1052: Body's Ken

1052: Body's Ken

1052: Body's Ken


I’m Major Jackson and this is The Slowdown.

One of my great pleasures as a kid was coming home from school and entering the vestibule, where I dropped my backpack, hung my coat on a rack, then went inside to lay on the sofa beneath my family’s grandfather clock and take a nap before homework. I watched the clock’s pendulum tick away the school day’s bustle. Growing up, that daily ritual of listening and being lulled into sleep made me keenly aware of thresholds. The foyer served as a portal into the quiet of the house, and the clock drifted me into the intricacies of time, or rather, timelessness.

I continue to take pleasure and find intrigue when I conceptually and physically encounter liminal spaces: the brain of John Malkovich in the movie Being John Malkovich; Dante and Virgil entering the circles of the underworld; the wardrobe in Narnia or the Phantom Tollbooth; the edge of a pool, where I stood thinking about the Middle Passage, a liminal space if ever there was one.

I even hear thresholds, as when a jazz quartet plays a suspended moment of held notes before the soloist improvises away from the opening melody and into a freedom of sound.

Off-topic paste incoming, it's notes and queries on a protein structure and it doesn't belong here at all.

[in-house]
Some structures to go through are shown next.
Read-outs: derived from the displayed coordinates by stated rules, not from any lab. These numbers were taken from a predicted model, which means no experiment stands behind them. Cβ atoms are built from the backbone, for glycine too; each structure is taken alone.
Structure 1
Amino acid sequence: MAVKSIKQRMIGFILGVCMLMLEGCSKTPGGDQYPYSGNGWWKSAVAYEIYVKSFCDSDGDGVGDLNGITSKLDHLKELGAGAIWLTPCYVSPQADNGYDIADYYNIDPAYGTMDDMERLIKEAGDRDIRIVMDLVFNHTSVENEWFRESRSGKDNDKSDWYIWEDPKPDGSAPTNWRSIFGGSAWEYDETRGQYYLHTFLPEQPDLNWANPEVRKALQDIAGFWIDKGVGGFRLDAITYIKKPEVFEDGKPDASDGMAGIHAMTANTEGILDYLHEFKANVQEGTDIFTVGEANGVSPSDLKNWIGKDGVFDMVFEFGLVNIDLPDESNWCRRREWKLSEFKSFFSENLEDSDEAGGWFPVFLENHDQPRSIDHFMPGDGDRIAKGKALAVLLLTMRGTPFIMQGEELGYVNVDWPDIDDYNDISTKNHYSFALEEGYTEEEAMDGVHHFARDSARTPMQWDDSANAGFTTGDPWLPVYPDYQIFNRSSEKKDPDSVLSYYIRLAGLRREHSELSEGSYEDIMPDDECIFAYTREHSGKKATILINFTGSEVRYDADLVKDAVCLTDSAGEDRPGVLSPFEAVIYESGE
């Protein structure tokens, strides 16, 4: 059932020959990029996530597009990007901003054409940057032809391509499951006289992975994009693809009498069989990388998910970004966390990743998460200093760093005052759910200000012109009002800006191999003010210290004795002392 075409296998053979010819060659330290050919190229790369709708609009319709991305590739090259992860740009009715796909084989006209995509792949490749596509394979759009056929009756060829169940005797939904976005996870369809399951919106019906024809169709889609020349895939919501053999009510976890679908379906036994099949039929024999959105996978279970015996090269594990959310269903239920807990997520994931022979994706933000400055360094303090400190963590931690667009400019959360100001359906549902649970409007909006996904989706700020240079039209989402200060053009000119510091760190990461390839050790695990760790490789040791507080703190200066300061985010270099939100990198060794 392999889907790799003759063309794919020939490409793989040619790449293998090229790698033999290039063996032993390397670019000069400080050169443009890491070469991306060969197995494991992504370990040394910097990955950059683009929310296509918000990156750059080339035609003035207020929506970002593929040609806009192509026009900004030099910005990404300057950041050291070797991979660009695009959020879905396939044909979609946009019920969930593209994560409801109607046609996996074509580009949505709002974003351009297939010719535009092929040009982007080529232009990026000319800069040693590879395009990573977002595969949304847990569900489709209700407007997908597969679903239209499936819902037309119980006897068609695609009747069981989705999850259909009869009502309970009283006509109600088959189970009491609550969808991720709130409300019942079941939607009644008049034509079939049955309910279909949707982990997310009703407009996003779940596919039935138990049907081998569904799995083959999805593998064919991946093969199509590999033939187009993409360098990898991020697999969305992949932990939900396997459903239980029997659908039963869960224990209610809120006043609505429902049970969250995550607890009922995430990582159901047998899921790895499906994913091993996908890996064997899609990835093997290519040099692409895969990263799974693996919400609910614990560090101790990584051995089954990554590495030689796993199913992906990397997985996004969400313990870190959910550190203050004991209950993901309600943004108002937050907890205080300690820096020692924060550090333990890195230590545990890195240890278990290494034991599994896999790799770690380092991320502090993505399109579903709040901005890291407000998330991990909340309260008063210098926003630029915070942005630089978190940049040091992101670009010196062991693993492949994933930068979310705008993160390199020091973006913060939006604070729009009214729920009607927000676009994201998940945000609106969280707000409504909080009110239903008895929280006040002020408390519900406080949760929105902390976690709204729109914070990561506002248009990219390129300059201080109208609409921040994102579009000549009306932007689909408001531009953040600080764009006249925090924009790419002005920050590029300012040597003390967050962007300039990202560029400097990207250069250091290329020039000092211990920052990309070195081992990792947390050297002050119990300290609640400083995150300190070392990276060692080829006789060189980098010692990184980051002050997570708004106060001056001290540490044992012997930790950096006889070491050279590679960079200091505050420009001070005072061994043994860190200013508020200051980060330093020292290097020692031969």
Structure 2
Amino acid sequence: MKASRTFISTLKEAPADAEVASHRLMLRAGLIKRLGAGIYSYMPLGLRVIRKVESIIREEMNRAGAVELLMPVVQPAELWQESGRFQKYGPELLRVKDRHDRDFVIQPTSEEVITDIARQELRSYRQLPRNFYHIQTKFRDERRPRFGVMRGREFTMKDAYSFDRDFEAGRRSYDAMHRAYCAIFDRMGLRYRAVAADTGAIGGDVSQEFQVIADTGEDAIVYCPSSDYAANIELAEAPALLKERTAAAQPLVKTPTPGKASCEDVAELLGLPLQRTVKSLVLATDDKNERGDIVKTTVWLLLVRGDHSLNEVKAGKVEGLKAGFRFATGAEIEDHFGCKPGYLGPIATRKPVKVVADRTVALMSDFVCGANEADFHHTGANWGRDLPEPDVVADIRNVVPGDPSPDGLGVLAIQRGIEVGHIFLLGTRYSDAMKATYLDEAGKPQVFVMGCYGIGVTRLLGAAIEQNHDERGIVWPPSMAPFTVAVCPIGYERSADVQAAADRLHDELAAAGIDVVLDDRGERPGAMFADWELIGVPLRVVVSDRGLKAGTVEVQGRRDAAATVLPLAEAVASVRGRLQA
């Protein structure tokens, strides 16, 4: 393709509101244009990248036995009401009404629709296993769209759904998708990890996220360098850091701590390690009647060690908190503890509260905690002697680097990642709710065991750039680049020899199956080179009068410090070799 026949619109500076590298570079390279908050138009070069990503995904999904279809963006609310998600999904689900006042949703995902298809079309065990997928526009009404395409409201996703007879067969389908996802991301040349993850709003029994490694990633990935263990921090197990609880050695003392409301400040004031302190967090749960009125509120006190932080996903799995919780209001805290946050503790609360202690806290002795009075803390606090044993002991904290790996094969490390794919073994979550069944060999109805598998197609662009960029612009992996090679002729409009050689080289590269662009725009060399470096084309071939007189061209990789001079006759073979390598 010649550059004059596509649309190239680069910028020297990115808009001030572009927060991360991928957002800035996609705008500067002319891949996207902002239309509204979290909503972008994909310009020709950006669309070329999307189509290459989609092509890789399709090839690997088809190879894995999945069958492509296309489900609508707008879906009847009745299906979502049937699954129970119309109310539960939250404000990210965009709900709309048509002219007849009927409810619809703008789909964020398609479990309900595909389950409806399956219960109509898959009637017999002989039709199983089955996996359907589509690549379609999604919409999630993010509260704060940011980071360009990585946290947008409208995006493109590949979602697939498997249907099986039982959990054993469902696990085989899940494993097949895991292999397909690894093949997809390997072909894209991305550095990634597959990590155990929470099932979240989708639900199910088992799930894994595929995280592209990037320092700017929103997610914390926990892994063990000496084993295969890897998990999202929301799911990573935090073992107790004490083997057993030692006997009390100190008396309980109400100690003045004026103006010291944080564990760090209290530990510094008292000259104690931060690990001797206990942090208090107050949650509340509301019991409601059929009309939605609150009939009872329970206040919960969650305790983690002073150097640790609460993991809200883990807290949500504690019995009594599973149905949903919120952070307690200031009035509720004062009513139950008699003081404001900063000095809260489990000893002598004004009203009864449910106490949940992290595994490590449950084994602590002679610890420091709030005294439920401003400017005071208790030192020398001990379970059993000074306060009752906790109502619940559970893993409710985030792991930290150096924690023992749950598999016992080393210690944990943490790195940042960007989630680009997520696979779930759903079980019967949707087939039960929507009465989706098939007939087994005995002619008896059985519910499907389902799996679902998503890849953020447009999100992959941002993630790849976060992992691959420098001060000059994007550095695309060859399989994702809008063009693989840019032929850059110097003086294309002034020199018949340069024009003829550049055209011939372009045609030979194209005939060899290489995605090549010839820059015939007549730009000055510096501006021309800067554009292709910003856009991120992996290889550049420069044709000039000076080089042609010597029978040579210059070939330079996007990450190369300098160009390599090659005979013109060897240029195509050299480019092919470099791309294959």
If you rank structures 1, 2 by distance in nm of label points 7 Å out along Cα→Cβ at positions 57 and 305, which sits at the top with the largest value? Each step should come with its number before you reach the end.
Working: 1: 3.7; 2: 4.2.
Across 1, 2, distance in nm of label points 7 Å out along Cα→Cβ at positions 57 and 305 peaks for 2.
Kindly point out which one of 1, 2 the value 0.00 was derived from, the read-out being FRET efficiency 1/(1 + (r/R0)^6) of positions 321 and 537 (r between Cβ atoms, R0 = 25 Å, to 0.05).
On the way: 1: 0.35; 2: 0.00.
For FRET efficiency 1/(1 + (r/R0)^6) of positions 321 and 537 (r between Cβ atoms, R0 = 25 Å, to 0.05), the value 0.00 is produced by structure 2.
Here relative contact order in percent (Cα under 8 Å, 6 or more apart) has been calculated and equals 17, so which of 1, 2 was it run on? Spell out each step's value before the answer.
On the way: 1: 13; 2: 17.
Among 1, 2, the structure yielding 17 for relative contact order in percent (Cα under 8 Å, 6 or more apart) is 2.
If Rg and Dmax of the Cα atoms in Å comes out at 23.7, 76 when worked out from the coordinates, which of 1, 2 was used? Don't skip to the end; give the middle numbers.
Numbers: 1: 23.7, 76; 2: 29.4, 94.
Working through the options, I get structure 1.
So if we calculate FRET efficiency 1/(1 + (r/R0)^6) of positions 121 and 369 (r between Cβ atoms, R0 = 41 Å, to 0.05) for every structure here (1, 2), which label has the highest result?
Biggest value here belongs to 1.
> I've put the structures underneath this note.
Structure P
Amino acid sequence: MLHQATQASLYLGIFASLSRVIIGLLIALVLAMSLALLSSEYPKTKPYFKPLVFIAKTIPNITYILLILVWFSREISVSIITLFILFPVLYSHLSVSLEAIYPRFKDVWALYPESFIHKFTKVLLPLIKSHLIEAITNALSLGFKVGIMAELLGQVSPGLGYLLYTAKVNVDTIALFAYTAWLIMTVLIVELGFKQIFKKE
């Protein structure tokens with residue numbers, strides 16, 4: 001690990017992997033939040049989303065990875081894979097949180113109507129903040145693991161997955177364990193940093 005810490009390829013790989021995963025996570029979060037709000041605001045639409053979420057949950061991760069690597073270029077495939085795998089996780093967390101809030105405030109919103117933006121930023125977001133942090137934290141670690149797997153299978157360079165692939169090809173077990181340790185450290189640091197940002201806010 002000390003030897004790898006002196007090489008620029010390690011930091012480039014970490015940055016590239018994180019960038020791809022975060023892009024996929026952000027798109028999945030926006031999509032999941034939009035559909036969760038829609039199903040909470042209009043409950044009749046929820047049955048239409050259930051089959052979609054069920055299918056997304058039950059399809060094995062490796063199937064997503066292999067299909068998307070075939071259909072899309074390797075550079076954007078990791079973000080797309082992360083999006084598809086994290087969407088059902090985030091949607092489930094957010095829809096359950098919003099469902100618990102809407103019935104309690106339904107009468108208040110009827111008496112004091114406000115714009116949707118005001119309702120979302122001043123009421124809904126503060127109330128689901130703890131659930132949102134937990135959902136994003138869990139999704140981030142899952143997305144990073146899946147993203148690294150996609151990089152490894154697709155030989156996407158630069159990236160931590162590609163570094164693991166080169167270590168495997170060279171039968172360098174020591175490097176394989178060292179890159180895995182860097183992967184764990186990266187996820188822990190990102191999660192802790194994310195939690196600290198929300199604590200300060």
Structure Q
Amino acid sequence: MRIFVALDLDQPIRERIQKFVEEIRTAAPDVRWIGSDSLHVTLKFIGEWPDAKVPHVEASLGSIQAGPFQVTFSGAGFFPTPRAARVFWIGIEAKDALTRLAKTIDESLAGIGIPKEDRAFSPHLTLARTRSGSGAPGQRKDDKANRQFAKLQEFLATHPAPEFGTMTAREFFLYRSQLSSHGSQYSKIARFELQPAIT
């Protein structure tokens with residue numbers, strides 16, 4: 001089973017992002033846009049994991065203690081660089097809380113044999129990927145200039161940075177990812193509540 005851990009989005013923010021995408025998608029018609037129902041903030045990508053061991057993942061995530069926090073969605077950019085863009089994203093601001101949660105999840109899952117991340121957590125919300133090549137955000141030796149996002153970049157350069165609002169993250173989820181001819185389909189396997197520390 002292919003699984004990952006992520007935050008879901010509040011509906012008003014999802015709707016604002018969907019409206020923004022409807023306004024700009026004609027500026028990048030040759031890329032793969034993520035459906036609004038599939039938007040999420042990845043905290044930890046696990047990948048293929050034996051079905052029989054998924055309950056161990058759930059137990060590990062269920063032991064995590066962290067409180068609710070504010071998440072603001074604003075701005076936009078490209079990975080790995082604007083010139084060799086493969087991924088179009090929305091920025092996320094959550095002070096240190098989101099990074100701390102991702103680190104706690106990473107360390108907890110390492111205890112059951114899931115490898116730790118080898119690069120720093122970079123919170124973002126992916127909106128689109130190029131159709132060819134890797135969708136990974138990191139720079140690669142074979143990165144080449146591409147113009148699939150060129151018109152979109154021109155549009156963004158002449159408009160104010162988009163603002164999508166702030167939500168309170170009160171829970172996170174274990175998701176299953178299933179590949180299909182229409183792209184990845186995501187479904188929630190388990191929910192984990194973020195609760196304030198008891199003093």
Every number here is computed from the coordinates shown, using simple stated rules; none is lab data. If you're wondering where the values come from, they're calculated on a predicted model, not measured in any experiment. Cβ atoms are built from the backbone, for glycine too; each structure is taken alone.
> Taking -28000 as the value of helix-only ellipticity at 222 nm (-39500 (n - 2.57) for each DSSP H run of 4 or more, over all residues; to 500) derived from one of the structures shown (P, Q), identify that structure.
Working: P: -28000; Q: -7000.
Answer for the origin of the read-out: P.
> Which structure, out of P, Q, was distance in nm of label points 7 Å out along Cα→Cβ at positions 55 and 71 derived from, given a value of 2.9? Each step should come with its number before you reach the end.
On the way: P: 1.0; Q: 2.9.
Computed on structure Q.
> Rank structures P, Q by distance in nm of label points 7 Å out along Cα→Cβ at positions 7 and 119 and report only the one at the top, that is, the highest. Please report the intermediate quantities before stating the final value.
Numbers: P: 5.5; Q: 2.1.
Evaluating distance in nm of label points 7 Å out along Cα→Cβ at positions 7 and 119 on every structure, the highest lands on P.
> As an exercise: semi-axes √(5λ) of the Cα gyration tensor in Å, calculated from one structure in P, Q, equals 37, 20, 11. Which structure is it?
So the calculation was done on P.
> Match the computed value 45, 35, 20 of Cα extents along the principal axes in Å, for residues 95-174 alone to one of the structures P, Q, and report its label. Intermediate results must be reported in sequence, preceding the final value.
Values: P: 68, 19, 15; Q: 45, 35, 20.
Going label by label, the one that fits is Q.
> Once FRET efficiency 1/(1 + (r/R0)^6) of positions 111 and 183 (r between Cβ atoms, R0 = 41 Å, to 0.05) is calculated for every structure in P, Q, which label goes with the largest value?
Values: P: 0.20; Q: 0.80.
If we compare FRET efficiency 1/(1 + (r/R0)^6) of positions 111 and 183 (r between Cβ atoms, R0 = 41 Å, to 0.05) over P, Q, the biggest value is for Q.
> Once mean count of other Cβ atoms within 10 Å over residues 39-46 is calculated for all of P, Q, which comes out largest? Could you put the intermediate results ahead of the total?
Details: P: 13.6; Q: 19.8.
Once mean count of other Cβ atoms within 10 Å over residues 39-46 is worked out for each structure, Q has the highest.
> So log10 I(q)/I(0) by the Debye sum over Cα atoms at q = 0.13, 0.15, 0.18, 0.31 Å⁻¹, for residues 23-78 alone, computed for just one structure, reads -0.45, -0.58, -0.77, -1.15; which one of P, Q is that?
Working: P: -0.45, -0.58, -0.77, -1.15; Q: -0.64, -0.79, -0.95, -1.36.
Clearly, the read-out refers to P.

This is where realms of existence are palpably felt, where physical and spiritual worlds meet. Recently, upon landing in Ireland, I took a spontaneous drive to Newgrange, a 5,000-year-old tomb of mysterious power. The Celts refer to such thresholds as “thin places.” The Bakongo people call it the Kalûnga line, a watery boundary between the spiritual and the living.

Thresholds are fundamentally lyrical. Important transitions in my life prove as much. Whenever I am faced with life-altering decisions, I hold the past alongside the uncertainty of the future. That tension powers both ambiguities and revelations. Poets thrive in that energy between knowing and not knowing. They attempt to convey a sense of awakening by marking language and their experiences and thoughts as memorable, as sacred, while honoring the conditions that urged them into song.

Today’s poem spotlights the rich space where language fuses and ushers in the prospect of a new relationship between objects and lived experiences.

Body’s Ken
by Simon West

As songs without words
run loose in the mind
and thoughtless as light over matter

so unruled lines will slip their moorings
and carry the eye on a current 
that laps the shape
and crease of things.

Sometimes language lags
in the wake of body’s ken.

Look how a sketch set down by hand
will draw you out like a walk
and into the park of flesh.

So still-life bottles talk to a bowl
and get the gaps between known things
as air takes shape in shadow and light.

So singing is good
when the sense of sound
comes divined in the throat

or the ear’s chamber lets you float
half-buoyed in a fathom of waves.

To follow the threads of sight and sound
you’re swept like a plumb 
from the boat’s hard rim.

So laughter will burst and sighs seep.
And breath is always there
as a breeze flouts frontiers.

“Body’s Ken” from PRICKLY MOSES: POEMS BY SIMON WEST © 2023 Simon West. Reprinted by permission of Princeton University Press.